Vanderbilt first attempted to rename the building Memorial Hall in 2002 in honor of the men and women who have lost their lives in this nation’s armed conflicts. However, the UDC pursued legal action to retain the original name. A Tennessee appeals court ruled three years later that Vanderbilt could remove “Confederate” from the inscription only if the university returned the donation to the UDC at its current value.
In the interim years, the building has been referred to as Memorial Hall in all campus publications, maps, websites and housing assignments and other official designations. However, the building’s inscription has been a source of controversy with students, faculty and staff noting that the name is painful and divisive.
“I commend the chancellor and the Board of Trust on their decision to remove the name of Confederate Memorial Hall. This action demonstrates the administration’s attentiveness to student needs and concerns, as well as sets a great precedent for advocating on behalf of those who may feel marginalized on our campus,” Ariana Fowler, Vanderbilt Student Government president, said. “This is an excellent next step in the direction of becoming an institution that not only admits diverse students, but ensures their care and support—one that is eager to eliminate any barriers that may stand in the way of such a goal.”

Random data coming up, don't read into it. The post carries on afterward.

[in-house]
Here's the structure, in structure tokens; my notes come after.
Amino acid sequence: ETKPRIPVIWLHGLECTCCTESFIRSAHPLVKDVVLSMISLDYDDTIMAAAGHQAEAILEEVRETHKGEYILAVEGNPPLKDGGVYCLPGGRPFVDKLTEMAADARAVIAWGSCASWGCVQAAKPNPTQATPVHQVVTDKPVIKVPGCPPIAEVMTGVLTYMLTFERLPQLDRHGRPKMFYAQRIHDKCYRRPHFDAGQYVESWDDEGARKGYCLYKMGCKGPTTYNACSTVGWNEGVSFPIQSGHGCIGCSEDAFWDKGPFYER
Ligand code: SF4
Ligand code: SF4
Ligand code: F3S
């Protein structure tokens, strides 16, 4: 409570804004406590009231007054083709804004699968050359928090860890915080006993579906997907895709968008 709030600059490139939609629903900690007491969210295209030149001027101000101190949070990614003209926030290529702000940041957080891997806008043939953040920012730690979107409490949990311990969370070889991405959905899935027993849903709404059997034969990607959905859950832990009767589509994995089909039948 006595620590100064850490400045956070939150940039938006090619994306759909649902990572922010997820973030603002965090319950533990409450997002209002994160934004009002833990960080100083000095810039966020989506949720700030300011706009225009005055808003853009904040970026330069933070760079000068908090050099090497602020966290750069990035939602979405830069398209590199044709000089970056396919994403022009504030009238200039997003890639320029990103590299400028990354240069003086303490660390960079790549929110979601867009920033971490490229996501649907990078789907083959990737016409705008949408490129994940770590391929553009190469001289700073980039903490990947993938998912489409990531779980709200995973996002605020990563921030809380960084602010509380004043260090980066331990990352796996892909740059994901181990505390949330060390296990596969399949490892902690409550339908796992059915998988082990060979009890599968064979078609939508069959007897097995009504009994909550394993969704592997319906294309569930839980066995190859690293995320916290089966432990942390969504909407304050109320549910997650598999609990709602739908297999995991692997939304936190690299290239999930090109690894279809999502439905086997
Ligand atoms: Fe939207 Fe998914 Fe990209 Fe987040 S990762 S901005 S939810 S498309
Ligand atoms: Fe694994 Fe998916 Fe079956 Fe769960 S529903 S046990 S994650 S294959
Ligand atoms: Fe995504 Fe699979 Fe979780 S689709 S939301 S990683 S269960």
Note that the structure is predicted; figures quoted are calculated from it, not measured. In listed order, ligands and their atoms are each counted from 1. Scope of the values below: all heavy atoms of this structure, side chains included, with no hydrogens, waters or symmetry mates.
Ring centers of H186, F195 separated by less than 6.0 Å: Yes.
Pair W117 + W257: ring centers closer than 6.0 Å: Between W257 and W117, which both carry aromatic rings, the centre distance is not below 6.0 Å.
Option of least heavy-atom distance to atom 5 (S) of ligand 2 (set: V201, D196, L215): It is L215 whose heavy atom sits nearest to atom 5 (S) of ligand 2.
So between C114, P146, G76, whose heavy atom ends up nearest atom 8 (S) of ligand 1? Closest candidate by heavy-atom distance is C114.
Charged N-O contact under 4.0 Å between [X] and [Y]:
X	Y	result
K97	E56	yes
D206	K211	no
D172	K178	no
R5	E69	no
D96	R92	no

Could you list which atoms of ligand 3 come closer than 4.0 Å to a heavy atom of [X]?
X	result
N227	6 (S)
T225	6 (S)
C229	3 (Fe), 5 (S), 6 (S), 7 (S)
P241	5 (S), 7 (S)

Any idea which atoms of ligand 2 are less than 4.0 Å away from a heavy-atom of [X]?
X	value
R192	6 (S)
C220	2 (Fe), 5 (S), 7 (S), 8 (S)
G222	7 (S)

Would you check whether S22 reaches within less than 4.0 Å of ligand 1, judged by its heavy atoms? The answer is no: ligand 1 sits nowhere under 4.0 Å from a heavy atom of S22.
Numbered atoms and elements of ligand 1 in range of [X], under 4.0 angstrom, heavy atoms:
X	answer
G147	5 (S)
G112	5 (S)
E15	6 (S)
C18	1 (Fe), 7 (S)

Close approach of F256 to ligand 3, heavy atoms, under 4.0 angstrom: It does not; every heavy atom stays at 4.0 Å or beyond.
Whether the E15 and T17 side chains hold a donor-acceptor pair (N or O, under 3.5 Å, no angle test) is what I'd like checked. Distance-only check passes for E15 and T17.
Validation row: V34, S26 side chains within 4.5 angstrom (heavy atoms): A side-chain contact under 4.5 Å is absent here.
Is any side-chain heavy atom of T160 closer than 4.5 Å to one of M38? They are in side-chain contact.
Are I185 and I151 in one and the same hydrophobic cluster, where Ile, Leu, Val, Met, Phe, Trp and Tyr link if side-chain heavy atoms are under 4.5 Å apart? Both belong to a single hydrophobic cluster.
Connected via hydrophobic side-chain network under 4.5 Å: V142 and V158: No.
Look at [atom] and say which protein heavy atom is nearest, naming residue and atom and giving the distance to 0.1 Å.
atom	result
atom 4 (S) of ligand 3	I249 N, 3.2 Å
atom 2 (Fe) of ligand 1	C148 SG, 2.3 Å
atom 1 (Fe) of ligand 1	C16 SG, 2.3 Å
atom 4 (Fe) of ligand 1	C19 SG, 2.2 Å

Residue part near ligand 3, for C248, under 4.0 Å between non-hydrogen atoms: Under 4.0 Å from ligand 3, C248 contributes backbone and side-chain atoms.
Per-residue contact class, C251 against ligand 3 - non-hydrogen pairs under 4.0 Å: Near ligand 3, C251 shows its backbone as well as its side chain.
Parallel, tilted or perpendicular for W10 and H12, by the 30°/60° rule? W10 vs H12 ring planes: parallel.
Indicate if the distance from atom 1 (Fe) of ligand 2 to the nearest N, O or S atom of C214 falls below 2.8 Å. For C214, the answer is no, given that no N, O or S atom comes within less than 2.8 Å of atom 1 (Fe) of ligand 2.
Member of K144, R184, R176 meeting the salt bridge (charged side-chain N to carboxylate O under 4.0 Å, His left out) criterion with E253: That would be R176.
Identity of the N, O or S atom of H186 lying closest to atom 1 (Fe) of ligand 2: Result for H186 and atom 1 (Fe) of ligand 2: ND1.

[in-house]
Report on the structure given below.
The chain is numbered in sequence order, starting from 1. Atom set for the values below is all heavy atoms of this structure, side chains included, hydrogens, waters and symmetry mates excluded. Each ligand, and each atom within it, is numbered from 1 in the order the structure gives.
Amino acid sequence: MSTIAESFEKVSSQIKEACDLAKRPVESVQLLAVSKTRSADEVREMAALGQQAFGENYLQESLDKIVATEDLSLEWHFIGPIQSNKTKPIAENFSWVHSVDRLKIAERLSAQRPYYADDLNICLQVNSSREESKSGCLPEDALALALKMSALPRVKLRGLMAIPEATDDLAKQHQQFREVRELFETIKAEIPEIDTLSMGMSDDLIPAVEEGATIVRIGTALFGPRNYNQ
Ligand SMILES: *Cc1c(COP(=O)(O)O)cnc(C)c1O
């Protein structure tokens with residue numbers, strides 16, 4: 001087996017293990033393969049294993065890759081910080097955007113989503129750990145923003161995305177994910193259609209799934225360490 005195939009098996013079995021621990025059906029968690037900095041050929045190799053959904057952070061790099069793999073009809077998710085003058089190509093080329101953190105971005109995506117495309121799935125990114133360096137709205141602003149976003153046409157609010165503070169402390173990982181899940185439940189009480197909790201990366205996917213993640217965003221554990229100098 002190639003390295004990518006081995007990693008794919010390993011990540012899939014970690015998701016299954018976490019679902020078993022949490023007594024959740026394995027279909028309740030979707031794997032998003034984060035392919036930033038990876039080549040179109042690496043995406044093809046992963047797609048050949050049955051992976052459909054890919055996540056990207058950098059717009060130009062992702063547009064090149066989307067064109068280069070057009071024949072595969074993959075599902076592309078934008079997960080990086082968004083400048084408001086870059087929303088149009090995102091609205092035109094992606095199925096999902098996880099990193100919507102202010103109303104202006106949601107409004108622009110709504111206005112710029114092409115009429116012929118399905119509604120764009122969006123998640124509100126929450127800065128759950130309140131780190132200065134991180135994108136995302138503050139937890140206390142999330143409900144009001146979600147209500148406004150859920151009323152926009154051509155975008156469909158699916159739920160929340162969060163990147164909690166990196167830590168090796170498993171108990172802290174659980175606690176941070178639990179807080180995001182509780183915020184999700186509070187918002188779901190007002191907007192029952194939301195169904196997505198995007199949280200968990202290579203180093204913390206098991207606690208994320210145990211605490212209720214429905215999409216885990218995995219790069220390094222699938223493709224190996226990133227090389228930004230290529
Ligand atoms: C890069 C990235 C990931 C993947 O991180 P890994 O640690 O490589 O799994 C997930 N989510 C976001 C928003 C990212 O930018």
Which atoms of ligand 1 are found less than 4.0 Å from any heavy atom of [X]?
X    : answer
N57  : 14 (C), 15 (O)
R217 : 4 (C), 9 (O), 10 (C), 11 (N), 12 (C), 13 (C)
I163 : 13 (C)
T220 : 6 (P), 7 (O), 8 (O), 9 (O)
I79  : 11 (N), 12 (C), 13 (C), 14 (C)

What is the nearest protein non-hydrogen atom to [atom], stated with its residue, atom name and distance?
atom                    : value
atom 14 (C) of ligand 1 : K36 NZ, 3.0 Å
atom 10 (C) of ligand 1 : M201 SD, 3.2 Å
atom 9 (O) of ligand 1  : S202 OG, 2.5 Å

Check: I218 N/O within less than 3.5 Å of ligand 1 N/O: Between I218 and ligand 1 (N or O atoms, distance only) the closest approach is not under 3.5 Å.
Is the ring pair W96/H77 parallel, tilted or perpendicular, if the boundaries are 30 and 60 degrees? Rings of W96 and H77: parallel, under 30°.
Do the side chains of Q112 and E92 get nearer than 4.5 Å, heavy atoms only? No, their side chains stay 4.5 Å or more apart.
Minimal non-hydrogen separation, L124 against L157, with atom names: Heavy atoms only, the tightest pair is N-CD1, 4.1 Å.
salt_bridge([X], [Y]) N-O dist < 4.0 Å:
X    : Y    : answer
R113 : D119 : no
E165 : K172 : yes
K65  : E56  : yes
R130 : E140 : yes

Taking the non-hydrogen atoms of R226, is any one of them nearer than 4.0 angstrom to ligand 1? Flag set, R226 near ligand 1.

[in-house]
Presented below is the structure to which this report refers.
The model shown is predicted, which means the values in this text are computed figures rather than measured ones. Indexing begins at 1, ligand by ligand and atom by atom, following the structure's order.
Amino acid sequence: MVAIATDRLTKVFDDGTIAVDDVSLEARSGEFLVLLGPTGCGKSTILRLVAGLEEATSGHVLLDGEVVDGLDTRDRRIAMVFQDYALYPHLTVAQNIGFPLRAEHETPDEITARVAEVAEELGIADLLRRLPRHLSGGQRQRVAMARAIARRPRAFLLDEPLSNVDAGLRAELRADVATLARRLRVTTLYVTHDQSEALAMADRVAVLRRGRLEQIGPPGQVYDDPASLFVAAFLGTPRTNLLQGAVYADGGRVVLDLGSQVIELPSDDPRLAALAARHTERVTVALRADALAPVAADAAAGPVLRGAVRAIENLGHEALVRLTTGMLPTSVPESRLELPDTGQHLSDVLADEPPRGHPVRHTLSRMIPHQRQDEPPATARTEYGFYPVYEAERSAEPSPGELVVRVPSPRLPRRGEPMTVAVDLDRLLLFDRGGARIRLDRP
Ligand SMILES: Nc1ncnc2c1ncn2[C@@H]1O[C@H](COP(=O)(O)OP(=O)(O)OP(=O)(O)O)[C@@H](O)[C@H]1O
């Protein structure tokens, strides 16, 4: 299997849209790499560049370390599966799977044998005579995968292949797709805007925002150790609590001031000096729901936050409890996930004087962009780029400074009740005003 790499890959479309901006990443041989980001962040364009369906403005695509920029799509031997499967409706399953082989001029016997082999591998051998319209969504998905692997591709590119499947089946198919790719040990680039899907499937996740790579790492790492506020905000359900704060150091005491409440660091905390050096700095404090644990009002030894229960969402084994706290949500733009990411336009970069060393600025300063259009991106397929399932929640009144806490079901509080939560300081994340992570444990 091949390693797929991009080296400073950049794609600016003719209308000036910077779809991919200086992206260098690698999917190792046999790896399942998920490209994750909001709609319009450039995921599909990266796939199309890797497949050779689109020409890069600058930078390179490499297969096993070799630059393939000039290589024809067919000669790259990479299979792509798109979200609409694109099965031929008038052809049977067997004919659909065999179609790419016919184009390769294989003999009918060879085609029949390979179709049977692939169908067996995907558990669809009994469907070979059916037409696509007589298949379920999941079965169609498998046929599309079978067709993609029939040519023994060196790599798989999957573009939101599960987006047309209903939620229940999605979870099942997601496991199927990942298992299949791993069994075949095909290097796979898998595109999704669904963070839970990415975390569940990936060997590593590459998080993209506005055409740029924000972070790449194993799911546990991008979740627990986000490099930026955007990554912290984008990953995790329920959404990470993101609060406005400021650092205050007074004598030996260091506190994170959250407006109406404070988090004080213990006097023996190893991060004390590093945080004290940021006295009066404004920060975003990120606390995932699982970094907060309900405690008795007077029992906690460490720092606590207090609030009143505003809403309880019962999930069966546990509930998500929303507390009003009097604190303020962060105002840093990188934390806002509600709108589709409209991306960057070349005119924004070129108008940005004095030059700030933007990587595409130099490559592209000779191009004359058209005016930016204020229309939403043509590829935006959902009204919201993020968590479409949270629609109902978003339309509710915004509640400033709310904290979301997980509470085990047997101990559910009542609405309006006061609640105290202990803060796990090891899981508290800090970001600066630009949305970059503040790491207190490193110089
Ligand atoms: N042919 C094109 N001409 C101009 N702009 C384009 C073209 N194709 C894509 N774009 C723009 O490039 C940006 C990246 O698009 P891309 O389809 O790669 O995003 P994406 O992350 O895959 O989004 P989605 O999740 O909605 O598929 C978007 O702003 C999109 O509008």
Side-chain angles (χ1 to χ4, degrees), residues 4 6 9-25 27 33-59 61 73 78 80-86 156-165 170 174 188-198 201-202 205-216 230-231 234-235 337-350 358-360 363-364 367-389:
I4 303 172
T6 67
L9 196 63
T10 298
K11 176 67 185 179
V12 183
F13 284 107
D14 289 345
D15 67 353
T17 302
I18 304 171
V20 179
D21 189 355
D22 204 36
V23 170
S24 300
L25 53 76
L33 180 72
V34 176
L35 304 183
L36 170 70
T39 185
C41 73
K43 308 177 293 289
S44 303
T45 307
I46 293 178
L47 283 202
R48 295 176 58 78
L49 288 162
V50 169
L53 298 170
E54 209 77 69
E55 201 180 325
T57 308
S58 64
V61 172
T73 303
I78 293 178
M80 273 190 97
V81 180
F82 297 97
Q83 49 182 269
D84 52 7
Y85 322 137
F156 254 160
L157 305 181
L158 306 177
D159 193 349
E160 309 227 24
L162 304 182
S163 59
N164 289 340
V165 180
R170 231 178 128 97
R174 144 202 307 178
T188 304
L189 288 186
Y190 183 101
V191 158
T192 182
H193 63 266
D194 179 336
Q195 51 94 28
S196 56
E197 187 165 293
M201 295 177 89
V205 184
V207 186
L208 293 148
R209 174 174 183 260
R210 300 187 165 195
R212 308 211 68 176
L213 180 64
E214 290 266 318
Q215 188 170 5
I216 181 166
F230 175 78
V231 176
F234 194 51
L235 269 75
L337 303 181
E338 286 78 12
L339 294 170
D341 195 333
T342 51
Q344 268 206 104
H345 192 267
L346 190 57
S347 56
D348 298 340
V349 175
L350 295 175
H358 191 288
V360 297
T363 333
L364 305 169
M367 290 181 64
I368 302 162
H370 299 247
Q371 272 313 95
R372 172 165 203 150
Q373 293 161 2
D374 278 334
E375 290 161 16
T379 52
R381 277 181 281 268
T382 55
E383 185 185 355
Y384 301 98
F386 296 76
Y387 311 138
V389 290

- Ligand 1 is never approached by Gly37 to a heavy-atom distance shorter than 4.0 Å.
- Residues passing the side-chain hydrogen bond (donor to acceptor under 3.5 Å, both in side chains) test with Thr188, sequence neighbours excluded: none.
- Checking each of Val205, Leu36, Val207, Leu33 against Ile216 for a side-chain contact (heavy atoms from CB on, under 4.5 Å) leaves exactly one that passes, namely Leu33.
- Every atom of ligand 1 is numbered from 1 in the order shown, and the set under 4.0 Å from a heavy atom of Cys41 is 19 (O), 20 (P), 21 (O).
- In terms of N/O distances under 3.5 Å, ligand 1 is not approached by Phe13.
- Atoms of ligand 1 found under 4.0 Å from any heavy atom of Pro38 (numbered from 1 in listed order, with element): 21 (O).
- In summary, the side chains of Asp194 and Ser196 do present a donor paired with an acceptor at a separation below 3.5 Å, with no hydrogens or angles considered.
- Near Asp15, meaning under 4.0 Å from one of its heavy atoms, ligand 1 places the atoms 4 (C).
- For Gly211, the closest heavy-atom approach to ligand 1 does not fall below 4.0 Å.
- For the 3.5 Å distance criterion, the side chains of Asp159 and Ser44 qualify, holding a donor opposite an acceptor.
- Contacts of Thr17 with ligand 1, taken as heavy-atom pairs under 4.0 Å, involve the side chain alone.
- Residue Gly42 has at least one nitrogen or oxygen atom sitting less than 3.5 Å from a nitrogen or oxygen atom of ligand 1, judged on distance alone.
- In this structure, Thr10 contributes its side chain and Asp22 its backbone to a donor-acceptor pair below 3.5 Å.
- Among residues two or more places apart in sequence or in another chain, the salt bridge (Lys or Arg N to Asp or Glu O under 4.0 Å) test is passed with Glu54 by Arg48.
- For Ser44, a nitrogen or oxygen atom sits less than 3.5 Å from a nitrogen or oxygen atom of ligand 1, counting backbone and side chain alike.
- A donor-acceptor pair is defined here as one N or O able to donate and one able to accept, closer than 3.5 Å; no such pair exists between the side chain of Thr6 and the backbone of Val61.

At the start of the 2015 academic year, the university held a panel to familiarize students, faculty and staff with the origin and history of Memorial Hall and to engage them in a thoughtful discussion about how Vanderbilt can reconcile vestiges of its past, like the Memorial Hall inscription, with the university’s continued commitment to diversity, equality and inclusion.
Zeppos also announced that the university will establish a major annual conference on race, reconciliation and reunion. Reverend James M. Lawson Professor Dennis Dickerson will work with the Vanderbilt community to plan the first conference.
“In removing this pediment, we are not seeking to rewrite history or to avoid the questions that should be asked of Vanderbilt and of our nation. We are realizing the truth—that we have the privilege every day to teach, to learn and, indeed, to make history,” Zeppos said.
Throughout his service as Vanderbilt’s eighth chancellor, Zeppos has stressed the importance of ensuring a campus environment that embraces and respects all forms of racial, cultural, gender and religious identity or expression and sexual identity. Among the many steps that he has taken to make Vanderbilt a more welcoming community is the appointment of George C. Hill as vice chancellor for equity, diversity and inclusion and the university’s first chief diversity officer.
In the past year, Zeppos also has announced a number of initiatives, including the appointment of a faculty committee to study and make recommendations on diversity, equity and community, and the establishment of three new faculty chairs to help advance Vanderbilt’s leadership role as a diverse and inclusive learning, teaching and living environment.
The Office of the Dean of Students also has worked closely with students for the past two years to develop programs and resources to promote social justice and to have constructive conversations surrounding differences.
Elizabeth Latt, (615) 322-NEWS